Permalink 15 Comments

Epidemiology – A Life Saver

April 18, 2008 at 8:17 pm (Bad Science, Good Science) (, , , , , , , , , )

This post might be more for the casual reader than skeptics and Bad Science bloggers. I’m sure they will already know far more about epidemiology than I do. Here we go anyway:

From time to time, I see criticism of epidemiology and the use of statistics. Usually on the basis that epidemiology “can’t prove anything” or is “not real evidence”. Sometimes a seemingly opposite tack is used: “oh, but you can use statistics to prove anything”. The criticism usually comes from someone whose own particular worldview is being challenged. Like, for instance, Dave Hitt. Dave Hitt features in this post on the Apathy Sketchpad blog. Or for another example of the statistically-challenged, there’s Gus from the JABS forum. [“Why is it you never listen to the evidence (the autistic children) and are only interested in the science and epidemiology provided by tabloid gutter press as it was hardly hard to see where the research had come from?”]

So what’s epidemiology ever done for us? There’s a couple of chaps I’d like you to meet first: Richard Doll and Austin Bradford Hill. Now quite apart from anything else Bradford-Hill did, he encouraged use of controlled trials (PDF) – something important in its own right. Bradford-Hill also helped to show, along with Doll, the part that tobacco smoking played in lung cancer. The original Doll/Bradford-Hill paper is available via Pubmed here and here as a PDF [which might take a while to download]. The authors concluded that “smoking is an important factor in the cause of carcinoma of the lung.” It’s now accepted (almost universally) that smoking is harmful – but how long might it have taken without the work of Doll and Bradford-Hill? Can you imagine what might have been if Doll and Bradford-Hill’s work had been ignored by a nation of Dave Hitts?

Another example of the usefulness of epidemiology and statistics is in the epidemiological approach to another notable condition. In Lange’s Medical Epidemiology (Third Edition – the Fourth Edition is available*), there is a description of a young man with no obvious underlying causes of immune dysfunction who is suffering from three concurrent infections. Within the preceding six months, three other patients with similar symptoms had been referred to the UCLA Medical Center. Other, similar reports were received by public health authorities and the CDC set up a task force to collect detailed information on those affected. Within months, the disease was named the acquired immune deficiency syndrome (AIDS).

Epidemiological methods were used: to monitor the patterns of the occurrence of AIDS; to measure the rapidity of occurrence; and to search for causes by identifying risk factors. They were also used in determining case fatality, survival time and prognostic factors. Which I would have thought were all important things to know. Lange’s Medical Epidemiology tells us that “medical progress often is best advanced when the sciences that focus on subcellular and molecular basic research work in tandem with the population-oriented science of epidemiology. For example, as bench scientists were struggling to characterize the molecular properties of HIV, epidemiologists already determined that AIDS is a contagious disease that is spread through certain interpersonal behaviours. As the painstaking search continues for improved treatment, or even a cure or vaccine, public health professionals have recommended measures to prevent the spread of HIV by reducing the frequency of the fololwing high-risk practices: (1) casual, unprotected sex and (2) sharing needles among drug users.”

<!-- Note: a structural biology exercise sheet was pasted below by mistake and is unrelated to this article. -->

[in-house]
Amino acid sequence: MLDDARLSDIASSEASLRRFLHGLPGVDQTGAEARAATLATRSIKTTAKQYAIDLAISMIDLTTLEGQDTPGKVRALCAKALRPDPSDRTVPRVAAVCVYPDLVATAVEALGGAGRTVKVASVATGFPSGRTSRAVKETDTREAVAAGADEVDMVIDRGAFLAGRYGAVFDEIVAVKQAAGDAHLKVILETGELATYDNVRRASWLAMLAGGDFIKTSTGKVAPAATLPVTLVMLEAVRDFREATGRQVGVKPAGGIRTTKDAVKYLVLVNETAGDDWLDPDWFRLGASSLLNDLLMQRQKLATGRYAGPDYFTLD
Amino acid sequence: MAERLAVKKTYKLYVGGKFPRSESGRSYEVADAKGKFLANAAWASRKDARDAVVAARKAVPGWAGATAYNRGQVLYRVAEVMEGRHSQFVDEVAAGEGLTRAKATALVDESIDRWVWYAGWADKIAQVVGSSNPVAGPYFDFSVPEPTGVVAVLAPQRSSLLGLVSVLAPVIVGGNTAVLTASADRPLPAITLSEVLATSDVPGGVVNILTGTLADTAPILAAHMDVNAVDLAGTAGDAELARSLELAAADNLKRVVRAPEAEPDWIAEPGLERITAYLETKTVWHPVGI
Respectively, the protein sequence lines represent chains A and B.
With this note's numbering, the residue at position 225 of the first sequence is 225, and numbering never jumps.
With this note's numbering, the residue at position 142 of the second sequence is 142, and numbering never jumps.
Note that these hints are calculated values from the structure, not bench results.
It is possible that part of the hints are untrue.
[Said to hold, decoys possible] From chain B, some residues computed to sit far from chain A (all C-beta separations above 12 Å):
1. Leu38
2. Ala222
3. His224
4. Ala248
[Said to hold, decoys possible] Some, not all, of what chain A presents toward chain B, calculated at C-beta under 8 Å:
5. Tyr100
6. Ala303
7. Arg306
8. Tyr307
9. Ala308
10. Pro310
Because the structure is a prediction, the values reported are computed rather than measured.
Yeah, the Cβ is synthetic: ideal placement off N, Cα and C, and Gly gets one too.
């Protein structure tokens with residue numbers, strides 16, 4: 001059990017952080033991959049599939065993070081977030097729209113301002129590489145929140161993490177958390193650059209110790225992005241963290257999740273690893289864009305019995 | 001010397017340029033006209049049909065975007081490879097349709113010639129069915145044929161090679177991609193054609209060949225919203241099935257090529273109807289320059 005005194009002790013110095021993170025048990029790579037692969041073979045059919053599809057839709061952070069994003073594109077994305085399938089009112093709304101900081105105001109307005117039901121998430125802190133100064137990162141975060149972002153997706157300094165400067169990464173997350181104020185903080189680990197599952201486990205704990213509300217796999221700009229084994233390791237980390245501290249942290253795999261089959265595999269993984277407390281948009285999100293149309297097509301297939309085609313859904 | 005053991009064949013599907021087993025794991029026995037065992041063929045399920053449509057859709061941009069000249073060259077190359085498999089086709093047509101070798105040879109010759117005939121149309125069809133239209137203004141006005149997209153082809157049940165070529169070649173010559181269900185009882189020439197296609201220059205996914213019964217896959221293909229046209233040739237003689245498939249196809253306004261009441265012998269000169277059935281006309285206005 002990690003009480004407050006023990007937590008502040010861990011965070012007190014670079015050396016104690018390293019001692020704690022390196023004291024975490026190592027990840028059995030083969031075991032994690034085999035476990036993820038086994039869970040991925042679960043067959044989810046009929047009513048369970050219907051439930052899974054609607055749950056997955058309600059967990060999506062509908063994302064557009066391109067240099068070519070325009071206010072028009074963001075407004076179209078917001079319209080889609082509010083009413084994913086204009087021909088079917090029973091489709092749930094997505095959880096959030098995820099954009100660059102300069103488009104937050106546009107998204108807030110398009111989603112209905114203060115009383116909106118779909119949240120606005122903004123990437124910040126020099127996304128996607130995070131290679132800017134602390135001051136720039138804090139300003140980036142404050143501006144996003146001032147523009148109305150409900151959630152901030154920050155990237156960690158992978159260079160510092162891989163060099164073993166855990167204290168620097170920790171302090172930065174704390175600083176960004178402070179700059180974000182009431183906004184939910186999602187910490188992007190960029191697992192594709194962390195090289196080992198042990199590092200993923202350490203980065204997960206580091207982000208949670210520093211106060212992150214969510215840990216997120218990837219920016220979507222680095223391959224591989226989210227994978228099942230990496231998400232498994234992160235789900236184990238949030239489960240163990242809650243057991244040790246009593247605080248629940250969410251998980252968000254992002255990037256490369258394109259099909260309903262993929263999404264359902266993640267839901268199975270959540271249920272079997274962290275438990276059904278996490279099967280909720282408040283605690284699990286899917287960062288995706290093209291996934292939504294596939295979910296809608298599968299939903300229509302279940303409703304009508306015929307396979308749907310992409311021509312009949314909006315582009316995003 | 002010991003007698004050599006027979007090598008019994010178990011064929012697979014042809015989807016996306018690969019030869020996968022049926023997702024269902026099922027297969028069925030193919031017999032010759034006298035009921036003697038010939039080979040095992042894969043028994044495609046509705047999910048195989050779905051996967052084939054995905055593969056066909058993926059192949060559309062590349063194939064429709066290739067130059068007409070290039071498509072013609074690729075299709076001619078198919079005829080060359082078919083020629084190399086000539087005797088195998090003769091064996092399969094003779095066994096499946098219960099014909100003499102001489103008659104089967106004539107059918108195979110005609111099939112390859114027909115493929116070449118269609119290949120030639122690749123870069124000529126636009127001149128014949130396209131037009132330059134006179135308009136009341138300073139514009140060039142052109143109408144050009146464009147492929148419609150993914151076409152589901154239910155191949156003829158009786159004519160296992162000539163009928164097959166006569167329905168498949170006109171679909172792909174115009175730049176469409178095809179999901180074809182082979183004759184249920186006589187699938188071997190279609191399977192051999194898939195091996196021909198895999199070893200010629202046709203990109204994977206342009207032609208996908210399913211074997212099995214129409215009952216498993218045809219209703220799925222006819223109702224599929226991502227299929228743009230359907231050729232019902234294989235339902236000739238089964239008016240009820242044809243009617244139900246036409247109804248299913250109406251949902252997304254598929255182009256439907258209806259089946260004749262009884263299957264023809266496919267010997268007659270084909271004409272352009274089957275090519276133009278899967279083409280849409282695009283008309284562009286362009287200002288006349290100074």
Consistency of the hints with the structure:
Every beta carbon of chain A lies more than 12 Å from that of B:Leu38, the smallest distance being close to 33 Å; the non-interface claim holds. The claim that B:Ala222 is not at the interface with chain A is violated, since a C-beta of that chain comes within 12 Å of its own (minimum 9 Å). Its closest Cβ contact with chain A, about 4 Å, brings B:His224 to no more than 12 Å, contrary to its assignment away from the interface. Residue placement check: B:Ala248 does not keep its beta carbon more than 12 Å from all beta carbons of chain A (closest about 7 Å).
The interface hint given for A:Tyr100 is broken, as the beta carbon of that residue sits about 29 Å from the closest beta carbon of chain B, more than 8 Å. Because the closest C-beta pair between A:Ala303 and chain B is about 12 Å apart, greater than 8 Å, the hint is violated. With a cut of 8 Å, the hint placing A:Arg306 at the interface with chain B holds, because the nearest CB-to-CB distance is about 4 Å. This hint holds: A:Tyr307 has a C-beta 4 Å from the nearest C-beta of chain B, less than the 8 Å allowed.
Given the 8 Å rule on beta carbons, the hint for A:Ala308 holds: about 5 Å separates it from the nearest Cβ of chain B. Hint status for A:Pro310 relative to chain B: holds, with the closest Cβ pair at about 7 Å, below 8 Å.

Cardiff University has a page with links to lists of Bradford-Hill’s principal publications and literature related to Bradford-Hill.
*McGraw-Hill Medical Publishing Division seems to be here, and the Fourth Edition of Medical Epidemiology is available here.

Permalink 12 Comments

Chief Woo MP Tredinnick

February 20, 2008 at 1:10 pm (Alternative Medicine, government, Homeopathic Remedies, Homeopathy, Woo) (, , , , , , , , )

MP David Tredinnick last night spoke in Parliament about homeopathy. The last time I can recall this happening, Mr Tredinnick was answered by Roger Marris. Mr Marris pointed to the lack of evidence for homeopathy and was then quoted in the Guardian as follows:

Sometimes their dilutions are so weak that the medicine contains not a single molecule of the active ingredient, though it’s alleged that the water “holds its memory”. Mr Marris asked scornfully, “we use a lot of recycled water – why does it not have a memory of the faeces that have been in it, and make us all sick?”

Dawn Primarolo claimed that the Government was looking at the cost effectiveness of many treatments, including alternative medicines, but Evan Harris wasn’t going to let that go:

So Dr Evan Harris, a Lib Dem, was just as contemptuous. “If the effectiveness is zero,” he pointed out, his lip curling, “there can be no cost-effectiveness.” Ms Primarolo repeated her earlier answer. She is a great believer in repeat prescriptions.